Postage stamps and postal history of Iraq

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A 1996 postage stamp of the Republic of Iraq

This is a survey of the postage stamps and postal history of Iraq. It includes special uses under the Ottoman Empire as well as occupation issues.

Early postal arrangements[edit]

The earliest postal service known in the area of present-day Iraq was operated by Assyria; archeologists have found a large number of commercial letters written in cuneiform on clay tablets, and enclosed in addressed clay envelopes.

Ottoman postal service[edit]

Stamp for the British Occupation of Baghdad overprinted on stamp of the Ottoman Empire, 1917

The Ottoman Empire had post offices at Baghdad, Basra, Mosul, and Kirkuk by 1863.[1] India operated post offices in Baghdad and Basra from 1868 to 1914. Prior to 1923, the French operated a post office in Baghdad.[2]

Stamp for the British Occupation of Mesopotamia, 1918

World War I[edit]

During World War I, British and Indian troops fought their way from Basra to Mosul; they used stamps of India overprinted "I.E.F." on their military mail.[3] The British overprinted a variety of Ottoman stamps during their occupation, a grouping now conventionally called the issues of "Mesopotamia".[4][5]

British mandate[edit]

A 1923 3 annas stamp of Iraq showing the ruins at Ctesiphon

The postal service of Iraq proper began with the British mandate granted by the League of Nations in 1920.

The first stamps of Iraq were a definitive series that appeared in 1923; the set of 12 included eight different designs depicting scenes and images from ancient history and the present day. They were denominated in annas and rupees, inscribed with "IRAQ" and "POSTAGE & REVENUE". The first stamp depicting Faisal I of Iraq was a 1-rupee value in 1927, followed in 1931 by a series of 13 values.


King Faisal I half-anna overprinted 3 fils, 1932

Independence in 1932 brought a new currency (fils and dinar), and the existing Faisal stamps were surcharged accordingly, and issued on 1 April 1932.[6] These were followed soon after (9 May) by stamps of the previous design denominated in the new currency. The accession of King Ghazi necessitated new stamps, which appeared in 1934; they were of the same design as the Faisal stamps, but with a profile of Ghazi in the vignette.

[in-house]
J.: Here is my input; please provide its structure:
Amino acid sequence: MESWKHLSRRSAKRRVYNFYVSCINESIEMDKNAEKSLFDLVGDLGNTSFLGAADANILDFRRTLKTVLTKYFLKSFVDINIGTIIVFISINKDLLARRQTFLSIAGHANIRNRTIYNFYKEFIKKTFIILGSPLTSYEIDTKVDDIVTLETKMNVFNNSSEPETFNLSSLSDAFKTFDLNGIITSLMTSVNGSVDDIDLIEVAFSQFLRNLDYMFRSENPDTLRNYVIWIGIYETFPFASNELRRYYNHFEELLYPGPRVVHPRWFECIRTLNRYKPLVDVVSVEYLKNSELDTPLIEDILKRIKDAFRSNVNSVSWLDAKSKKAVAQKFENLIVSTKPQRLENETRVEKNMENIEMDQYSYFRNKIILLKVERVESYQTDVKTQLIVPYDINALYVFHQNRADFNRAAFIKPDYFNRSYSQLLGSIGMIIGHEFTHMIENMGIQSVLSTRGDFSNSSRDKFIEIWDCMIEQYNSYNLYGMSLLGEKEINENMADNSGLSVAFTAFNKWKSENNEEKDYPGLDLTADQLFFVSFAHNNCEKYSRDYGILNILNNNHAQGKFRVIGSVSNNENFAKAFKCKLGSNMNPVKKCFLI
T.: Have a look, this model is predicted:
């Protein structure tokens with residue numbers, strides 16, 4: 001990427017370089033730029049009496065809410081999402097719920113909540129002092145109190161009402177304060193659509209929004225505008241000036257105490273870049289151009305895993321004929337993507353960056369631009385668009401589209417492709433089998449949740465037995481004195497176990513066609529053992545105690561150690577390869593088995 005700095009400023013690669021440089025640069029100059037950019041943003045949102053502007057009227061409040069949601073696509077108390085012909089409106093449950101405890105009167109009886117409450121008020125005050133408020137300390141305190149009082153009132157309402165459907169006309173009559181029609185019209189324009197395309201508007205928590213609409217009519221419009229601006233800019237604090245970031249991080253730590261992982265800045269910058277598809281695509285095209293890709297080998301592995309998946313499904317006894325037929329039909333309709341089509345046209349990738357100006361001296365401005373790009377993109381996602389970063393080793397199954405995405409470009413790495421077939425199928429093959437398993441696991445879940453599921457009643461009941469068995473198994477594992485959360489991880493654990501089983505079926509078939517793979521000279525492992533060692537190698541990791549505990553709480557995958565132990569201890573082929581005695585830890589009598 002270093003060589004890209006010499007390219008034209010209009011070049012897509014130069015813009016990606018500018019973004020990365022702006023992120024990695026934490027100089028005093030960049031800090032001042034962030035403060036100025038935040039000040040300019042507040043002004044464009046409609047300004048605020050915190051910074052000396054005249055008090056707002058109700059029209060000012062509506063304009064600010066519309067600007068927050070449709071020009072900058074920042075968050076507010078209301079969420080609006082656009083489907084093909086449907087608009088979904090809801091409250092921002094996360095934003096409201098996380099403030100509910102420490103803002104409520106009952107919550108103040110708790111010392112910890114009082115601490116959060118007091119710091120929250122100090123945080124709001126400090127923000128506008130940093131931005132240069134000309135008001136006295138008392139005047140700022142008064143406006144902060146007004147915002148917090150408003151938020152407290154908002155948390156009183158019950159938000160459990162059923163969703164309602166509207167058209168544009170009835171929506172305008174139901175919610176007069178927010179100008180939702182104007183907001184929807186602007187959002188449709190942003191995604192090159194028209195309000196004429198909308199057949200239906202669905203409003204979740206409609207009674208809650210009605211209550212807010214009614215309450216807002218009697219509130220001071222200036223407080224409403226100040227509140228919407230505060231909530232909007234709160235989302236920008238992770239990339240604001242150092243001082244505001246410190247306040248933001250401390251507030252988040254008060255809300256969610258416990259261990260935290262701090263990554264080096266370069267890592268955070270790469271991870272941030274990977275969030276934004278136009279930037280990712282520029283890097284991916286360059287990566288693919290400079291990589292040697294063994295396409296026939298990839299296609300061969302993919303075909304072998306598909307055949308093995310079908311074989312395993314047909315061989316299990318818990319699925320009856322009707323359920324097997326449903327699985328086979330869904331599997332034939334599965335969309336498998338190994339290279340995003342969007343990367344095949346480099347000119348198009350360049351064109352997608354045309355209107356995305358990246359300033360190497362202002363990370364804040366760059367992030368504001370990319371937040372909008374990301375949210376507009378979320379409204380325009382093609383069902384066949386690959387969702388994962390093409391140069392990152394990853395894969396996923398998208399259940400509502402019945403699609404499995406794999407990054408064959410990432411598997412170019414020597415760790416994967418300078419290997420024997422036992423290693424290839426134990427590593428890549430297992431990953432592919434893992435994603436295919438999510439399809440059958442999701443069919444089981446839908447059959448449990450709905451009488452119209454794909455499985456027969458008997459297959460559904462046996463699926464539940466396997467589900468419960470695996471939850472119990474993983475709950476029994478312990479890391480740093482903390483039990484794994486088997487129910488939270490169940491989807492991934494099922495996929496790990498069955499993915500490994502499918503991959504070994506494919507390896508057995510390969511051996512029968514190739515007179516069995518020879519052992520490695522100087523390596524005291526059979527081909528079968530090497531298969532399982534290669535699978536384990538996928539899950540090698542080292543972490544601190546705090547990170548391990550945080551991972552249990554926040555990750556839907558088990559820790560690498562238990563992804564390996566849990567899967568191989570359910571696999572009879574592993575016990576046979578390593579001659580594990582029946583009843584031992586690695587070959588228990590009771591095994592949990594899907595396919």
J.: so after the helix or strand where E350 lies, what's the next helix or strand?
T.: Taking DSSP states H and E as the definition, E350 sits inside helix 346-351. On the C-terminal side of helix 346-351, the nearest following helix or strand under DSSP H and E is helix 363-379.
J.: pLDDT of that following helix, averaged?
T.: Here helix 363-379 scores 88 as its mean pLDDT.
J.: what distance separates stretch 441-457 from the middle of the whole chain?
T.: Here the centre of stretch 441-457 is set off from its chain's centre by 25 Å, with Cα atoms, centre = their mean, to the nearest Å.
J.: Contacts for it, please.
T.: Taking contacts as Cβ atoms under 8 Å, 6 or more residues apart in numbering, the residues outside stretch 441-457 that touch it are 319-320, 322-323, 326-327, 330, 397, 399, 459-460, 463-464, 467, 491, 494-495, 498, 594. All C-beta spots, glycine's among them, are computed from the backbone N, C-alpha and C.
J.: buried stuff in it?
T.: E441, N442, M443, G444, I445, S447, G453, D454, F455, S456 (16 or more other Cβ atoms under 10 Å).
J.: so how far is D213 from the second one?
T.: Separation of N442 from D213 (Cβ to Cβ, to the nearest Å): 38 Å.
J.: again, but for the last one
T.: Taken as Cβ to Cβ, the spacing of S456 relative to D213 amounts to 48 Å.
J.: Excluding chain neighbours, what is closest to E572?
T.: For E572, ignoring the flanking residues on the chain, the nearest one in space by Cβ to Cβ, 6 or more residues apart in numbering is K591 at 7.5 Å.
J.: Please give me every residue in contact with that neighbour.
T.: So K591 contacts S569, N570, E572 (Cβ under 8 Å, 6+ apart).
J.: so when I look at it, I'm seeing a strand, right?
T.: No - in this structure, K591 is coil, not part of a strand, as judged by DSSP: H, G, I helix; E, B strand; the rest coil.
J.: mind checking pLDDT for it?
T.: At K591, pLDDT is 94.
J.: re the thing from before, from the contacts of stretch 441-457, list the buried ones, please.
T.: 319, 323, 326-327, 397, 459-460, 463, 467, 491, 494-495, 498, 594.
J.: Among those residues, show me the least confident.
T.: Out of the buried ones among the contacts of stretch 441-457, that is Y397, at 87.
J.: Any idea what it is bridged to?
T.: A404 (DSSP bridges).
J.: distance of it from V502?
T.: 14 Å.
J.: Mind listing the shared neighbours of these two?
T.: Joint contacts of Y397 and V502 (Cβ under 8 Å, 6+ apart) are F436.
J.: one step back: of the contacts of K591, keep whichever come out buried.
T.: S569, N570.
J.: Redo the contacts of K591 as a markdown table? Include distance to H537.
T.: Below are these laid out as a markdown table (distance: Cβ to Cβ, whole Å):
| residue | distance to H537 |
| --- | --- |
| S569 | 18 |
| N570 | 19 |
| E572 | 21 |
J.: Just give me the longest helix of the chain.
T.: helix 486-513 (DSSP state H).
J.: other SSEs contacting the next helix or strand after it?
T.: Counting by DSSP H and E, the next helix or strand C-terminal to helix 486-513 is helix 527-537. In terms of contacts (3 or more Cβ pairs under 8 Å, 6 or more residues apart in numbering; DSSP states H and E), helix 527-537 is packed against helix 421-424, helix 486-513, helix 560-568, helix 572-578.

Registered mail sent in August 1945, with stamps from the series of 1934, 1941, and 1942

Due to Ghazi's unexpected death and the infancy of his son, in 1941 a new series was issued featuring local scenery. Along with additional values and color changes issued the next year, the series totals 23 stamps. 1942 also saw the first stamps depicting Faisal II, who was still a young boy. He appears as a teenager in the next series, which was issued in 1948.

First commemorative stamps[edit]

Iraq's first commemorative stamps came out in 1949 to mark the 75th anniversary of the Universal Postal Union. Faisal's 1953 coronation was also marked by a set of three, along with a souvenir sheet. The last of the Faisal definitives had only partly appeared before the revolution of 1958, and both issued and unissued types were overprinted.


King Faisal II 20 fils overprinted for the republic, 1948
A 1960 stamp of Iraq depicting General Qassim

General Qassim's period was noted by the usual round of commemoratives, many featuring him as benevolent leader. Later presidents also appeared, though less frequently. Saddam Hussein, as vice-president, makes a first appearance in a souvenir sheet of 1976, and by the mid-1980s appeared on a great many Iraqi stamps.

Iraqi stamp of 1989 featuring King Hussein II of Jordan, President Saddam Hussein of Iraq, President Hosni Mubarak of Egypt and President Salah of North Yemen

Post-Saddam era[edit]

The 2003 invasion of Iraq brought the stamp program to a sudden halt, the last Saddam-era issue being a Saddam University stamp on 5 February 2003. Two additional issues were planned, themed "Old Methods of Transportation" and "Popular Industries", and proofs had been made. The printing works were destroyed in the looting, but not the Post Office building, and the proofs survived. The Coalition Provisional Authority subsequently approved the printing of the Transportation stamps, and they were issued 29 January 2004. In the meantime, overprints appeared on various stamps, but none were officially authorized.

Fantasies and bogus issues[edit]

Al Tawal overprint on Freedom from Hunger stamp

Beginning in 1963 a number of Iraqi stamps appeared overprinted "AT TAWAL", supposedly for "Al Tawal" the so-called neutral zones between Iraq and Saudi Arabia. These were a student hoax that continued until 1970.[7]

See also[edit]

References and sources[edit]

  1. ^ Rubec, Clayton; Al-Manaseer, Akthem (2016). Guide to the Postal Stationery of Iraq. London: Royal Philatelic Society London (RPSL). ISBN 978-0-900631-84-9.
  2. ^ Post Office Guide. 1875.
  3. ^ Indian stamps overprinted "I.E.F." were used throughout the Turkish occupied Middle East, including Palestine. "A Short Introduction To The Philately Of Palestine: Indian Field Post in Palestine and the Occupied Enemy Territories". Archived from the original on 2 January 2006.
  4. ^ Khalastichy, Freddy (2017). Baghdad in British Occupation: The Story of the 1917 Provisional Stamps. London: Royal Philatelic Society London. ISBN 978-0-900631-88-7.
  5. ^ Retrieved 12 August 2018.
  6. ^ Khalastchy, Freddy (13 March 2008). "The Stamps of Iraq 1917-1958". Royal Philatelic Society London (RPSL). Archived from the original on 14 April 2009.
  7. ^ "Immagini relative ai miei messaggi per il Forum filatelia e francobolli". Forum filatelia e francobolli (in Italian). Centro Italiano Filatelia Resistenza (CIFR). p. 93. Archived from the original on 14 February 2012.